Maximizing offensive efficiency

During Kobe’s “hot streak,” I’ve been writing that he’s actually inefficient compared to Andrau Gasnum, the Lakers’ superb tw0-man post presence. I’ve said that he should give up some shots until his efficiency equalizes with Gasnum’s. Adrian the Canadian was quick to send me a Sloan Sports Analytics Conference paper arguing that teams  might equalize offensive efficiency too much already. The author (Brian Skinner) uses some network theory for unknown reasons (it’s not related to his point), but the paper boils down to a comparison of the marginal cost and benefit of changing shot selection from one player to another.

Assume that players’ efficiency decreases as they take more shots (due to more defensive attention, fatigue, etc.). Imagine you are Kobe. Giving Andrau Gasnum one of your shots has the following marginal benefits:

  • higher efficiency on all your other shots
  • higher efficiency of this specific shot (since Gasnum is more efficient than you).

The marginal cost:

  • lower efficiency for Gasnum on all his other shots.

If the benefits exceed the costs, shifting shots is the smart move. Skinner argues in the paper above that these costs might be less than the benefits at extreme values, but that the costs will overtake the benefits long before efficiency equalizes (which is the point that teams might aim for).

I think he’s technically correct — I was wrong in my earlier posts to say that the Lakers should shift shots to Gasnum until the efficiencies are exactly equal. For example, if Kobe gives all his shots to Gasnum and, in doing so, equalizes their efficiencies, there will be no gain on that individual shot (efficiencies are now equal) and no gain in Kobe’s efficiency on other shots (he has none left). Meanwhile, the shot will lower Gasnum’s efficiency on ALL other shots. The right point to stop shifting shots will surely happen even sooner than this.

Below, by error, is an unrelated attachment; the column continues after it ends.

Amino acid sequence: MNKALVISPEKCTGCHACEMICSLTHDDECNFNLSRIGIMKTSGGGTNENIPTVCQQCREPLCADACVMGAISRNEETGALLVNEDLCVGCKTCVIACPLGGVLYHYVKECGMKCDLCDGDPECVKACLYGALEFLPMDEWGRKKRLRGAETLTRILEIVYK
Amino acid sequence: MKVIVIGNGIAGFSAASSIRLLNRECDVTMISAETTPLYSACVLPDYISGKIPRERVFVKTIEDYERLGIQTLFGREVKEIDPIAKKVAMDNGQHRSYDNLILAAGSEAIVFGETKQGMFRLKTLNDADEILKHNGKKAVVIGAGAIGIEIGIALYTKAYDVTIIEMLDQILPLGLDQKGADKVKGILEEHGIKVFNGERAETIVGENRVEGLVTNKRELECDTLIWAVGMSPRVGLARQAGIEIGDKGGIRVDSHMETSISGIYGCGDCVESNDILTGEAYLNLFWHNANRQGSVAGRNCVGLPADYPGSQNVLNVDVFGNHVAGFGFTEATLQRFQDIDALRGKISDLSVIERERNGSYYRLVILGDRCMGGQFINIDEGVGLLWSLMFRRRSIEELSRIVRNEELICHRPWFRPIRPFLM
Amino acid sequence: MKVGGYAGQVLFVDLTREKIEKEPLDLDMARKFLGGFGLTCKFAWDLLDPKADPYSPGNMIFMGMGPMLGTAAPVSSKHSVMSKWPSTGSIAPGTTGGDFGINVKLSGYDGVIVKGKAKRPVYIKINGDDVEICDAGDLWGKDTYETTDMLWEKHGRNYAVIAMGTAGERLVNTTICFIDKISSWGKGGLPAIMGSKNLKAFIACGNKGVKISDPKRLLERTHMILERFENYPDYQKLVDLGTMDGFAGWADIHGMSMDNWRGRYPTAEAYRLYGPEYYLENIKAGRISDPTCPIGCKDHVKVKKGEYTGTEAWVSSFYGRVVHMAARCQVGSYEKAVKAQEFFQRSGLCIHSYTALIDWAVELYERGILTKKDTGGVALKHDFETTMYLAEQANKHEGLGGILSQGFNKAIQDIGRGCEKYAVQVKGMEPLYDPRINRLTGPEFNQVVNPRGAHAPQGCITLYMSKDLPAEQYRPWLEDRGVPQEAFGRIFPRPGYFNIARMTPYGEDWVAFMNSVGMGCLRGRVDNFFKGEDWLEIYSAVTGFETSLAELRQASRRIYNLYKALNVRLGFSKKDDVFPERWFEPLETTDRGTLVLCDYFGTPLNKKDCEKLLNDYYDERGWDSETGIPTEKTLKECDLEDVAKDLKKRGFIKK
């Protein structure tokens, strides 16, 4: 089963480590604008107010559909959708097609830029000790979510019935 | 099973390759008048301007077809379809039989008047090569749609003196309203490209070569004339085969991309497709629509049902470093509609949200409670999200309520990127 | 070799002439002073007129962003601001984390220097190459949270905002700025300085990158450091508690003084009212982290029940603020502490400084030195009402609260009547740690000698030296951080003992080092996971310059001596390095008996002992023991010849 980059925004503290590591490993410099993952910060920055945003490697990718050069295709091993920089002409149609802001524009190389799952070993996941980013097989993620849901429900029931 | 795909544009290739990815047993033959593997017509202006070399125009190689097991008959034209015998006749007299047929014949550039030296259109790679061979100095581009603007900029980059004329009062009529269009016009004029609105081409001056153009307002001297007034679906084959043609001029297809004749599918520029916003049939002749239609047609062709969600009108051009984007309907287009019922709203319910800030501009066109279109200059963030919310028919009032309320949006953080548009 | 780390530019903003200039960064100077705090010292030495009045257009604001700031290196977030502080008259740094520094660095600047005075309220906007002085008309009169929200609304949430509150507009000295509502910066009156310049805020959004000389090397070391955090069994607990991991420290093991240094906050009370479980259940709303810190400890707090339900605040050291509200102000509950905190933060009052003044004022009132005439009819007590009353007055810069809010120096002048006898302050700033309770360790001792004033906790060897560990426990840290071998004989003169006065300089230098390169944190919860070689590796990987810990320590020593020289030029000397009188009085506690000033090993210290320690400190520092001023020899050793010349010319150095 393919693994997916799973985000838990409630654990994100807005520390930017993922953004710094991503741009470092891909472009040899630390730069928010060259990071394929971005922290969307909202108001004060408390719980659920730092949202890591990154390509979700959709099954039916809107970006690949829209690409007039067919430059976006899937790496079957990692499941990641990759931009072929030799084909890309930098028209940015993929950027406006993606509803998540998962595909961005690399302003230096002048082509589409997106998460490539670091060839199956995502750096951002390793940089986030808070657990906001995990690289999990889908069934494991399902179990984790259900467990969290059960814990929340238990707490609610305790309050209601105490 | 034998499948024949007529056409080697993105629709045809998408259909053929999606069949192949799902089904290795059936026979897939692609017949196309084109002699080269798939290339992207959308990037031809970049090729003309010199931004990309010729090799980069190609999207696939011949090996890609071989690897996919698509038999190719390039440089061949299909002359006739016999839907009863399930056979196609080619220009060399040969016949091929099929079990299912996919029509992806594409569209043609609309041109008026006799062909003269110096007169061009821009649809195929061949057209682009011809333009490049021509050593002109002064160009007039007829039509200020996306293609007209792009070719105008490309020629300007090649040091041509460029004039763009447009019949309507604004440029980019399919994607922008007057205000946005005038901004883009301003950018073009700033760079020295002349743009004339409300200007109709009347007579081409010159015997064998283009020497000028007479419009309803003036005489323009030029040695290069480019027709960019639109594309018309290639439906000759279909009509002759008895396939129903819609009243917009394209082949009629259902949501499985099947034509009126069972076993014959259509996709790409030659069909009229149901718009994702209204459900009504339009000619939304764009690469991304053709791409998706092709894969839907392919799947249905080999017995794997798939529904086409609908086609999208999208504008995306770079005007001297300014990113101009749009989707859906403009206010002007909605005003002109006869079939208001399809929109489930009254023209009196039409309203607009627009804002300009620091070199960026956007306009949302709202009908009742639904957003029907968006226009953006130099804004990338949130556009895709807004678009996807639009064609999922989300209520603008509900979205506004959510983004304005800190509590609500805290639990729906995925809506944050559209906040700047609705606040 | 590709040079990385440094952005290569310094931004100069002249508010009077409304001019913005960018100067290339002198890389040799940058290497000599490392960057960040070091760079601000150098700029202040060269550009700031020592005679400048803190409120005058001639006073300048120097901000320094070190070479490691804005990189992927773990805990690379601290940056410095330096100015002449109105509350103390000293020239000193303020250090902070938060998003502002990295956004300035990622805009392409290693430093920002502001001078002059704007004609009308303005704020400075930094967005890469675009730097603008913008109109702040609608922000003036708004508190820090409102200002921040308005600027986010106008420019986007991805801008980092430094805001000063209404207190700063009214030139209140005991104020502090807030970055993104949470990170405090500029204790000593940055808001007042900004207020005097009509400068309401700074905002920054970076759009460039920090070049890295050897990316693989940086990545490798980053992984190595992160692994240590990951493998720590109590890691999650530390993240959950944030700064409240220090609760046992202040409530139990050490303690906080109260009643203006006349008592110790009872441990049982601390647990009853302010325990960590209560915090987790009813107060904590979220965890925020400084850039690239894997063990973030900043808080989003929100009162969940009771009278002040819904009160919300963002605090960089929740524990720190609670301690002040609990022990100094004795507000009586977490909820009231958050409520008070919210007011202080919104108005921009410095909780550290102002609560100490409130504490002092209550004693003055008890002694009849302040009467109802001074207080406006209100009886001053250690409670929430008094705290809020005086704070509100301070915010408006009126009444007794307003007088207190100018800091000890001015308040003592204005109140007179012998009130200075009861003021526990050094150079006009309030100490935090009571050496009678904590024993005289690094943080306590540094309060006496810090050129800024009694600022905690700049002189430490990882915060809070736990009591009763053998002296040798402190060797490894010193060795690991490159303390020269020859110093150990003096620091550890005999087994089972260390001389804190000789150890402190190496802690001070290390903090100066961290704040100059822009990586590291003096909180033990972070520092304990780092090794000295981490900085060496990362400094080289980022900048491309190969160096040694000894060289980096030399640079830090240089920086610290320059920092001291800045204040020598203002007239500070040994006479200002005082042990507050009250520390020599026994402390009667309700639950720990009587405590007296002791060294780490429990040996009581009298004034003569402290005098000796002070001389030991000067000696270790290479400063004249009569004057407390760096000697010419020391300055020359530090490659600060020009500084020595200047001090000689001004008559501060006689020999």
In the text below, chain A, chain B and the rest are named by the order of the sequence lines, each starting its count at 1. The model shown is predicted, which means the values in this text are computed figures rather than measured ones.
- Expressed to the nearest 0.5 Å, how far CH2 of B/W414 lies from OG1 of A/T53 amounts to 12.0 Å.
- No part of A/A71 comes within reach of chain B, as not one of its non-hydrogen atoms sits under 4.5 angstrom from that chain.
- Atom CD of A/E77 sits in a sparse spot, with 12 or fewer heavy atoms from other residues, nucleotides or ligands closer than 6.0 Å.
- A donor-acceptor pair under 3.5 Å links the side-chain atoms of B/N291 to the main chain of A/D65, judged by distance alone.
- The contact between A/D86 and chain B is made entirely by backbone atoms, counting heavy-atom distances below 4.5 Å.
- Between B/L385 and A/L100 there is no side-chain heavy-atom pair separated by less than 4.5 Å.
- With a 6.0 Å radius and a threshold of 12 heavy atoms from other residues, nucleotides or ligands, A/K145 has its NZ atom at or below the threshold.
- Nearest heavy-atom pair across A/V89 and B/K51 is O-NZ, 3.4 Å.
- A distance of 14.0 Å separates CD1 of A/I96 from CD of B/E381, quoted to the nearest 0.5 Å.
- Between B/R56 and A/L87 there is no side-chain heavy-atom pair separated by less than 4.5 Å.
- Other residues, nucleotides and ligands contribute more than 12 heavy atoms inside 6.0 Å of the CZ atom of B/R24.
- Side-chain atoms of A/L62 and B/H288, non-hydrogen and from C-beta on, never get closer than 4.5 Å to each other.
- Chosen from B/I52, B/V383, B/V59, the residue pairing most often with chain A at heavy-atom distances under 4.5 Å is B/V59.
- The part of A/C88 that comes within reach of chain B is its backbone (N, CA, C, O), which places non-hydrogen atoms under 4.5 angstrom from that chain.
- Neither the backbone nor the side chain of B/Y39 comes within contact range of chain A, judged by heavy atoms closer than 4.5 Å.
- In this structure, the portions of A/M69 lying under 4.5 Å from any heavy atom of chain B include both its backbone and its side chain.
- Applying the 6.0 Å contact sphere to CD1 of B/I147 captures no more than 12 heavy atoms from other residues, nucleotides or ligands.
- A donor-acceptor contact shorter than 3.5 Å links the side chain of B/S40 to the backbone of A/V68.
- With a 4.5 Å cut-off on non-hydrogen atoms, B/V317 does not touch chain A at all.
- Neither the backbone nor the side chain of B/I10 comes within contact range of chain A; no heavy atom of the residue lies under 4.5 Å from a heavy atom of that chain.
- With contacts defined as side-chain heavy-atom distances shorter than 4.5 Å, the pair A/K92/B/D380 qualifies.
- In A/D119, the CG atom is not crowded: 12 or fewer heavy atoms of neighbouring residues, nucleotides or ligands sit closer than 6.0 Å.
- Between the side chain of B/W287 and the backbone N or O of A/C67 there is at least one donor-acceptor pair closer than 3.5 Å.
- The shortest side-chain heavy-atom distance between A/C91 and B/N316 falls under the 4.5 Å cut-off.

However, Skinner’s examples depend heavily on the functional form that he assumes for the shot attempt/efficiency relationship and on teams’ starting points (he assumes teams start from the point where all efficiencies are equalized). He has no data — just a model. In his example with Ray Allen, he assumes that the less efficient player (Kobe in our case) does not improve his shooting percentage when he gives up a shot to the more efficient player (Gasnum). Kobe might take bad shots no matter what since he’s more macho than smart, but this completely eliminates one large marginal benefit of shifting shots away from him!

So, while I agree with Skinner that efficiency should not be equalized completely, I still think there are opportunities to improve efficiency by shifting shots and bringing efficiencies closer together. In the Lakers’ case, Kobe has taken at least 28 shots in all four of his 40 point games! Gasnum didn’t shoot nearly as many. An increase in Kobe’s efficiency would affect a ton of shots, while a decrease in Gasnum’s would affect far fewer, suggesting that the benefits outweigh the costs for the Lakers. (Again, all of this depends on the true relationships between efficiency and shot volume.) The lesson is a two parter: (1) teams shouldn’t equalize efficiencies exactly, but (2) there’s probably some benefit from bringing efficiencies closer together when they are way out of whack.


8 responses to “Maximizing offensive efficiency

  1. Nice post. One thing to think about is during what situations shots are taken. I’m a critic of Kobe’s slot selection as well. However, you can imagine that at certain points – little time left on the shot clock, maybe against certain defenses – Kobe will take low probability shots because they’re low probability shots for everyone on the court and Kobe has the highest low probability.

  2. Yes, this is definitely true. There are some possessions on which there is no high percentage shot, and guards often end up with the ball on these possessions (i.e., the ball is far from the hoop late in the shot clock). However, you and I know from observation that Kobe forces lots of shots early in the clock as well.